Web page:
i0
}is the initial voltages of CB i and U_{
i(1)}, U_{i(2),} and U_{
i(0)} are the positive-sequence, negative-sequence, and zero-sequence voltage components respectively, I_{
j(1)}, I_{
j(2)}, and I_{
j(0)} are the three sequences short-circuit currents and Z_{
ij(1)}, Z_{
ij(2)}, and Z_{
ij(0)} are the three sequence mutual impedances of converter CB i and bus j, respectively.
According to the symmetrical component method, the three-phase voltage of CB i can be derived as:{U˙ia=U˙i(1)+U˙i(2)+U˙i(0)U˙ib=α2U˙i(1)+αU˙i(2)+U˙i(0)U˙ic=αU˙i(1)+α2U˙i(2)+U˙i(0)
Single Line-To-Ground Fault
When a single line-to-ground fault occurs on phase A of bus j, the fault conditions can be written as:I˙j(1)=I˙j(2)=I˙j(0)=Uj0Zjj(1)+Zjj(2)+Zjj(0)where Z_{
jj(1)}, Z_{
jj(2)}, and Z_{
jj(0)} are the impedances of the three sequences of bus j respectively.
Substitute (4) into (2) and (3), the voltage variations of phase A at CB i is:ΔUia=|Zij(1)+Zij(2)+Zij(0)Zjj(1)+Zjj(2)+Zjj(0)⋅U˙j0|
As it is shown in Figure 1A, after a single line-to-ground fault happens, the phase voltage of phase B and phase C remains unchanged. According to the triangle relation, the line-to-line voltage between phase A and B, and phase A and C is:U′ab=U′ca=3−3ΔUa+ΔUa2
AC voltage of converter bus after an unbalanced short circuit. (A) AC voltage of CB after single line-to-ground fault. (B) AC voltage of CB after double line-to-ground fault.
Therefore, the zero-crossing phase shift of the commutating voltage can be formulated as:ϕ=arctanΔUa3(2−ΔUa)
At the moment of the fault, the converter transformer ratio remains unchanged, thus the percentage of the commutation voltage drop and that of the voltage drop at the CB are the same. Therefore, the extinction angle of each converter valve at the moment of phase A to ground short-circuit is:{γiV1,V4=arccos(2kIdXLi3−3ΔUa+ΔUa2UL/3+cosβ)−arctanΔUa3(2−ΔUa)γiV2,V5=arccos(2kIdXLi3−3ΔUa+ΔUa2UL/3+cosβ)+arctanΔUa3(2−ΔUa)γiV3,V6=arccos(2kIdXLiUL+cosβ)
According to (8), when a single-phase to ground short-circuit fault happens, the corresponding converter extinction angle γ_{
i
} reaches the minimum value. When the corresponding converter extinction angle γ_{
i
} ≤ γ_{min}, CF will happen at the converter station of DC i.
Double Line-To-Ground Fault and Line-To-Line Fault
The fault conditions for a double line-to-ground fault occurring on phase A and B of Bus j can be written as:{I˙j(1)=U˙j|0|Zjj(1)+Zjj(2)Zjj(0)Zjj(2)+Zjj(0)I˙j(2)=−I˙j(1)Zjj(0)Zjj(2)+Zjj(0)I˙j(0)=−I˙j(1)Zjj(2)Zjj(2)+Zjj(0)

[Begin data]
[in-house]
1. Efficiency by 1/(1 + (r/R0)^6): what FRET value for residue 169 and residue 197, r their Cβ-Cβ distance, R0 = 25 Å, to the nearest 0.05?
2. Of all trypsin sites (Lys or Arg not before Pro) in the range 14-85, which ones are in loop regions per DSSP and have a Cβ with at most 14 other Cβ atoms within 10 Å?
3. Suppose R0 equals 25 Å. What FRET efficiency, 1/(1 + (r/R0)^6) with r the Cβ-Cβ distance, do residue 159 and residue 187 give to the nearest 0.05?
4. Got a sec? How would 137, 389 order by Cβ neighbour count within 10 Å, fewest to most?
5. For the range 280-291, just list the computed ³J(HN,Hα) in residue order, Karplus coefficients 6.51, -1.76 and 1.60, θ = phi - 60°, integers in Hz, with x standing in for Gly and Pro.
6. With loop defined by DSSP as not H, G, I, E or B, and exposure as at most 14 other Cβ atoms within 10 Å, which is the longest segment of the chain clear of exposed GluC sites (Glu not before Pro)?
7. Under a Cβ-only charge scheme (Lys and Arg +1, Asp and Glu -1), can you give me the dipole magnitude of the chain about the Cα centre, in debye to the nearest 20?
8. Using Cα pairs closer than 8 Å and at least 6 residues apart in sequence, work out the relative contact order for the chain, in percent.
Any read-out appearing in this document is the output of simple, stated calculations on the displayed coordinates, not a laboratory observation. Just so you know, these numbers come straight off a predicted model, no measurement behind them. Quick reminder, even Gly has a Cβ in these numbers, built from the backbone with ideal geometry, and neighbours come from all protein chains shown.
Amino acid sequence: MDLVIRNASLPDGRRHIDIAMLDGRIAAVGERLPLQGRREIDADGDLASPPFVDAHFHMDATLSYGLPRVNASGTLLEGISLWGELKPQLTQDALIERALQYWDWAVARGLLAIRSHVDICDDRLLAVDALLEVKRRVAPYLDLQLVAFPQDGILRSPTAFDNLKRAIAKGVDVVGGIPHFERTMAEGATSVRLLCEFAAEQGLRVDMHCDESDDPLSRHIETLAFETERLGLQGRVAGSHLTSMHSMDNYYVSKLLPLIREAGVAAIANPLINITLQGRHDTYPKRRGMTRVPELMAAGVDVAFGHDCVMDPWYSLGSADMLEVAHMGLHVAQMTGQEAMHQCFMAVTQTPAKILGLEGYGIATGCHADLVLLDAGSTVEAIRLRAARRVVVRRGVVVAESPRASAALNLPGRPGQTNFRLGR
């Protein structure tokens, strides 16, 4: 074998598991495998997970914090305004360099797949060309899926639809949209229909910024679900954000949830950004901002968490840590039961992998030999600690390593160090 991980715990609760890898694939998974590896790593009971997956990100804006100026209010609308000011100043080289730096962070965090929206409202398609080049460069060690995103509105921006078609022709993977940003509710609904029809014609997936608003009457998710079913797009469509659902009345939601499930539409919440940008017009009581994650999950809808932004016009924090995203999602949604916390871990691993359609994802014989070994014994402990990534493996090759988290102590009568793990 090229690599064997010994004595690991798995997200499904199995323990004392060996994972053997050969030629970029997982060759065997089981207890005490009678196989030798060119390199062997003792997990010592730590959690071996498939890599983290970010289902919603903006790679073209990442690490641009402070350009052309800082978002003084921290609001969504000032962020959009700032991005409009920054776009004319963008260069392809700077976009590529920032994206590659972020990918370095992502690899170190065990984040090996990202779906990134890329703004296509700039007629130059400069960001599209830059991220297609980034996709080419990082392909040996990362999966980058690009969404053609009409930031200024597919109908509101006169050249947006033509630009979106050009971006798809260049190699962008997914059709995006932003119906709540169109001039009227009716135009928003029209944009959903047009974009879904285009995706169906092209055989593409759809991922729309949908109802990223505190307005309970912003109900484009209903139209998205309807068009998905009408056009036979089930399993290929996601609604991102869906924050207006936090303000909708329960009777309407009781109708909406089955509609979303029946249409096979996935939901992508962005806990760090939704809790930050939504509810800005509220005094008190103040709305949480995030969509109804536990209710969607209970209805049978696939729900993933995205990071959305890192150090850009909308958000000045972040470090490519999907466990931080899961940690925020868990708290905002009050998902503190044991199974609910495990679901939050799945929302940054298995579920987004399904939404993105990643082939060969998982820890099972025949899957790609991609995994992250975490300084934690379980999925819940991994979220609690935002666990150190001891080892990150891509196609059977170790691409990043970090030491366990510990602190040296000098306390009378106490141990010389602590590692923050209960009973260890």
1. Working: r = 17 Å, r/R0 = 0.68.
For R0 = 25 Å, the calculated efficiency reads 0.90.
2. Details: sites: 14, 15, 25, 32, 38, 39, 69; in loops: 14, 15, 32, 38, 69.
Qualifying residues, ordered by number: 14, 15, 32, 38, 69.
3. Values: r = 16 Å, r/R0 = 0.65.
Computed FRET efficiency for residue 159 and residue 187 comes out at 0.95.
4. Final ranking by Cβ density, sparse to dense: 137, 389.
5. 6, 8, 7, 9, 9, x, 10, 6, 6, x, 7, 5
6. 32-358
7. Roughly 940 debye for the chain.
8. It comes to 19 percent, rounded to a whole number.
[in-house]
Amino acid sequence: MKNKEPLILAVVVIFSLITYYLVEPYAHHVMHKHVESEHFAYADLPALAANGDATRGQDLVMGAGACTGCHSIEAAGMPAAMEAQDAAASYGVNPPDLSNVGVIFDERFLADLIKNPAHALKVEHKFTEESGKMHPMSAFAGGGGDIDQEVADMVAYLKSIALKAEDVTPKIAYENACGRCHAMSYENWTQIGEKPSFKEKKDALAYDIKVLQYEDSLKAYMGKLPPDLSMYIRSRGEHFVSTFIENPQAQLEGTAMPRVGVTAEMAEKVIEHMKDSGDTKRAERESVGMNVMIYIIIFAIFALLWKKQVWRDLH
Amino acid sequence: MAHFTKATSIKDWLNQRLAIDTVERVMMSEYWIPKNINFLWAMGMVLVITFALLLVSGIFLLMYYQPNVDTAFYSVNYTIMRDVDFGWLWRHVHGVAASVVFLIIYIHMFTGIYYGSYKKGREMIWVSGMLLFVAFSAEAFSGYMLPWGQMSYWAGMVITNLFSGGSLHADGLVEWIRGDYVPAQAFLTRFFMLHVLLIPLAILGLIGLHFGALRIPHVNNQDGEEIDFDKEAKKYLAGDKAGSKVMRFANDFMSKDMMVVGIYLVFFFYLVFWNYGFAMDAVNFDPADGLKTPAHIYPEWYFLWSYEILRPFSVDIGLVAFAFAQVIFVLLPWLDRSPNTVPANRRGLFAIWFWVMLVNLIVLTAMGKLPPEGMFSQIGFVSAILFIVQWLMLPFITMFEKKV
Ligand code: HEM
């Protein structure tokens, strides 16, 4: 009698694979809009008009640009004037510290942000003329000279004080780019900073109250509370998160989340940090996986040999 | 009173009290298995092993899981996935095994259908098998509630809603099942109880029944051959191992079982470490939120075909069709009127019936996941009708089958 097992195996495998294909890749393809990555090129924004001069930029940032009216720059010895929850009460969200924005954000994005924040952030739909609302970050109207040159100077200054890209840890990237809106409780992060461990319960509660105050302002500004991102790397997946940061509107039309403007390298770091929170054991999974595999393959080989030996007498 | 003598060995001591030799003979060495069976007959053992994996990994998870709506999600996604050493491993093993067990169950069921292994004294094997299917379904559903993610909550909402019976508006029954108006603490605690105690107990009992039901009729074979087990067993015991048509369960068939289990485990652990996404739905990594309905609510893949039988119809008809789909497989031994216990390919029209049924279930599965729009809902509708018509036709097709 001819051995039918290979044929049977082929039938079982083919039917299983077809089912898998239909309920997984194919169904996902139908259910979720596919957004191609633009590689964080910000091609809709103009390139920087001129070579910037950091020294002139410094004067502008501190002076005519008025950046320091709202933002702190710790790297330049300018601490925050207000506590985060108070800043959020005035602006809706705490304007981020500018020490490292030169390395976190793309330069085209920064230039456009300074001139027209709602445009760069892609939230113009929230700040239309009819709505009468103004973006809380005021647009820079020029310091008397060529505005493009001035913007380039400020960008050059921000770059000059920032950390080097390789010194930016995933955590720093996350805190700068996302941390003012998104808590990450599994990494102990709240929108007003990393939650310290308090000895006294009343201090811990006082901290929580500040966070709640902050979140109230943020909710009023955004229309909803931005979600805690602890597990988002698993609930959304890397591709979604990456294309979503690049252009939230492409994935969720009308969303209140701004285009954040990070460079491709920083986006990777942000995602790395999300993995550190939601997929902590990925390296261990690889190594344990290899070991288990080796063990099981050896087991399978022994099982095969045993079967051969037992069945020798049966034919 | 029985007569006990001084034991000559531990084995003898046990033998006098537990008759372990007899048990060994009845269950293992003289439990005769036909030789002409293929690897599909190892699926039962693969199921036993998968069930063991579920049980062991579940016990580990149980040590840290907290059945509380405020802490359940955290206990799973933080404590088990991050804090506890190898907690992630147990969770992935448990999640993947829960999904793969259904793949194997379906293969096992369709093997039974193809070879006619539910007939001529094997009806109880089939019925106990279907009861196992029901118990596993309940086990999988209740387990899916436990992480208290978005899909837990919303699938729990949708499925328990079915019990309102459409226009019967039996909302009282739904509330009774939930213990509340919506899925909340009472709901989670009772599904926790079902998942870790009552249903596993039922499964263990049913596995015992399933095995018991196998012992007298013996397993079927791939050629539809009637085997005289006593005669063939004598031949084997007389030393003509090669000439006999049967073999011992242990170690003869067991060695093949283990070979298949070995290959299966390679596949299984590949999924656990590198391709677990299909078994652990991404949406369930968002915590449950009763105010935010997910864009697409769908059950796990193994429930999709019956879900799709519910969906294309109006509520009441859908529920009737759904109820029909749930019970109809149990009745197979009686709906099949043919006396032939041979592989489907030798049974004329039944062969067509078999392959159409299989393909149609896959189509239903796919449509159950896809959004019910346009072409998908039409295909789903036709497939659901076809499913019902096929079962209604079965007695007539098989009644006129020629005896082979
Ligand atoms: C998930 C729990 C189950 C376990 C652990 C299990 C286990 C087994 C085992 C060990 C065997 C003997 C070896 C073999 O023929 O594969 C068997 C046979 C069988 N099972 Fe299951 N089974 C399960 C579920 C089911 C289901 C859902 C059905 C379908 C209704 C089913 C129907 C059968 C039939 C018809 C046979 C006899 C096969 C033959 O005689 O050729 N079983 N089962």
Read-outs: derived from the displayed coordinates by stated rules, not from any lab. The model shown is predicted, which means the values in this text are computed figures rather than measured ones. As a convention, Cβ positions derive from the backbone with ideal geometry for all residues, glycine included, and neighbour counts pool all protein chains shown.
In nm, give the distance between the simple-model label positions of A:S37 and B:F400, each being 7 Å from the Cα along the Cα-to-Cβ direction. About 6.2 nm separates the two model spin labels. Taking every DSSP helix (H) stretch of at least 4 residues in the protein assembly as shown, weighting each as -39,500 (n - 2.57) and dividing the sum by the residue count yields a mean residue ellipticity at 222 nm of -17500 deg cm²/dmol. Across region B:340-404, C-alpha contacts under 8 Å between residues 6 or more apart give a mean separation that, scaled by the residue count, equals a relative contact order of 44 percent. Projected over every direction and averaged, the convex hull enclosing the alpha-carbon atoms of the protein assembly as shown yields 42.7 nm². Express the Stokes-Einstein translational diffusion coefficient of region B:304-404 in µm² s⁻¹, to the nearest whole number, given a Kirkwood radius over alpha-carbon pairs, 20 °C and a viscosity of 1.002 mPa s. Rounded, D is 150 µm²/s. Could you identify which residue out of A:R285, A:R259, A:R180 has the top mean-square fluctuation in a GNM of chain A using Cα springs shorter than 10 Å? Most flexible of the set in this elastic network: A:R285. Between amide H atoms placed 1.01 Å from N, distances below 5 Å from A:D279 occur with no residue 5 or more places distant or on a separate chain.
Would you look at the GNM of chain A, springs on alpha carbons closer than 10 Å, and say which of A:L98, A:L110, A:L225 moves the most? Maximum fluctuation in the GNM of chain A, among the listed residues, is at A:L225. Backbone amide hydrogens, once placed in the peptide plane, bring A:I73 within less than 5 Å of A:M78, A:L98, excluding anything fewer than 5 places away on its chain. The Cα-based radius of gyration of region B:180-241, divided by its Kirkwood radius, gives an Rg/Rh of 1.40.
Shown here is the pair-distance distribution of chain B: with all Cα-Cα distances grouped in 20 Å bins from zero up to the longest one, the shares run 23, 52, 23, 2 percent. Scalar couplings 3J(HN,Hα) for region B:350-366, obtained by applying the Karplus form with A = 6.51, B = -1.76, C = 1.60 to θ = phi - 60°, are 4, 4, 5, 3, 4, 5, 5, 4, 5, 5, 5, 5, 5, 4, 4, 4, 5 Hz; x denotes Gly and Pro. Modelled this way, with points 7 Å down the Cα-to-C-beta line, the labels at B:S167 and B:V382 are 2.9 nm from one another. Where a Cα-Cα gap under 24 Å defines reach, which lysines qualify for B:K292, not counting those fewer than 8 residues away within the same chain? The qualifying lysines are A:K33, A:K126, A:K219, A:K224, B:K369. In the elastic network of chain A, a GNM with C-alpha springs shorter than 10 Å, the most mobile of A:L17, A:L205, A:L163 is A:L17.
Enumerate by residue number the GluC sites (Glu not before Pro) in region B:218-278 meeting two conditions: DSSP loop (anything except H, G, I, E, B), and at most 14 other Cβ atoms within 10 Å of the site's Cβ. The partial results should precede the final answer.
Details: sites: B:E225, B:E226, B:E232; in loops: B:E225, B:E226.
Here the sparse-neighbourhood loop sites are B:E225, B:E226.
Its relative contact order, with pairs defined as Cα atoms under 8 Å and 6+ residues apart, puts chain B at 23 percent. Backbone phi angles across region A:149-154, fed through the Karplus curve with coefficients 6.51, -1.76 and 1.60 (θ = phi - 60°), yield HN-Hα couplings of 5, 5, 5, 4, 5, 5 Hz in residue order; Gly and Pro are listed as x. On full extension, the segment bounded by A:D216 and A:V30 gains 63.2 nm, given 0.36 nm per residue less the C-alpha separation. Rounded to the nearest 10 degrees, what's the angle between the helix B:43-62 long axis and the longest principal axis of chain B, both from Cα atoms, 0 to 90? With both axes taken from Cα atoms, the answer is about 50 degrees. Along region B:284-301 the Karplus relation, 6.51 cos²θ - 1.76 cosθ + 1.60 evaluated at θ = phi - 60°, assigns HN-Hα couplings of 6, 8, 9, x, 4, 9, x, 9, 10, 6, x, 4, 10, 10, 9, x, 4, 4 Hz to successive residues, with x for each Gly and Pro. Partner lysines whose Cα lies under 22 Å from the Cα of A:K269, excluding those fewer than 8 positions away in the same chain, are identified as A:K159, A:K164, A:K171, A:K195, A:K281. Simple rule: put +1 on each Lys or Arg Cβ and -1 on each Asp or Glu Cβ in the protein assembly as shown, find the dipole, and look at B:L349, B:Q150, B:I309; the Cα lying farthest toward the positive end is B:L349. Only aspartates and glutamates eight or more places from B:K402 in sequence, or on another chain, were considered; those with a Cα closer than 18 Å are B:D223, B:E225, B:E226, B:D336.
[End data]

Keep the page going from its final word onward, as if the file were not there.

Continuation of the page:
The Equation 9 can be reduced as:{I˙j(1)=Zjj(2)+Zjj(0)kU˙j|0|I˙j(2)=Zjj(0)kU˙j|0|I˙j(0)=Zjj(2)kU˙j|0|where k = Z_{
jj(1)}Z_{
jj(2)} + Z_{
jj(1)}Z_{
jj(0)} + Z_{
jj(2)
}Z_{
jj(0)}.
As is shown in Figure 1B, the phase voltage of phase C remains unchanged after a double line-to-ground fault happens,; the drop voltages and angle changing of phase A are equal to phase B. Substitute (10) into (10) and (11), the voltage variations of phase A at CB i is:ΔUia=|[Zjj(0)(Zij(2)−Zij(1))+Zjj(2)(Zij(0)−Zij(1))]⋅U˙j0/k|
According to the peculiarity of the parallel triangle, after a double line-to-ground fault, the line-to-line voltage between phase A and phase B is:U′ab=3(1−ΔUa)
Furthermore, it can be concluded from Figure 1B that the angle of U^{
’
}_{
ab
} is not changed and the relationship of size between each line-to-line voltage is:U′ca=U′bc>U′ab
Accordingly, the extinction angle γ_{
V1,V4
} which is related to U′ab is smaller than the others. To reduce workload and improve the efficiency of calculation, only the line-to-line voltage between phase A and phase B will be calculated when the double line-to-ground fault happens. Substitute Eqs 11, 12 into (1), the extinction angle γ_{
V1,V4
} after double line-to-ground fault can be formulated as:γiV1,V4=arccos(2kiIdXLi3(1−ΔUa)+cosβ)
The fault conditions for a line-to-line fault occurring on phase A and B can be represented as:I˙j(1)=−I˙j(2)=U˙j|0|Zjj(1)+Zjj(2)
Like single line-to-ground faults and double line-to-ground faults, substitutes Eq. 9 into 2 and 3, the voltage variations of phase A and phase B of CB i by line-to-line fault can be formulated as:ΔUia=ΔUib=|Zij(1)+Zij(2)Zjj(1)+Zjj(2)⋅U˙j0|
When the line-to-line fault occurs in the AC system, the relationship of the voltage phasor of CB is similar to the phasor which has occurred after a double line-to-ground fault, as is shown in Figure 1B. Using the same process as in Single Line-To-Ground Fault, the line-to-line voltage between phase A and phase B can be formulated as Eq. 12, and the extinction angle can also be formulated by an equation.
When the double line-to-line fault or line-to-line fault occurs at bus j, the extinction angle γ_{
V1,V4
} of the corresponding converter at CB i can be calculated by Eqs. 11–14. CF will happen at the converter which is connected with CB i while γ_{
j
} ≤ γ_{min}. This serves as a criterion of CF in detecting the line-to-line fault.
The Demarcation of the Critical Failure Impedance Boundaries
In a multi-infeed HVDC system which contains n buses and k HVDC systems, given static models of generators, transmission lines, transformers, loads, and HVDC systems, the steps of demarcating the critical failure impedance boundaries are as follows:
1) Solve AC/DC network load flow and calculate the voltage of each bus.
2) Create the impedance matrix of the system.
3) Calculate extinction angles γ (γ_{1}, γ_{2} … γ_{
k
}) of every converter of the multi-infeed HVDC system in different fault conditions. To improve the computational efficiency, when the unbalanced fault happened on bus B_{
i
}, only γ_{
V1,V4
} (γ_{
1V1,V4
}, γ_{
2V1,V4
}… γ_{
mV1,V4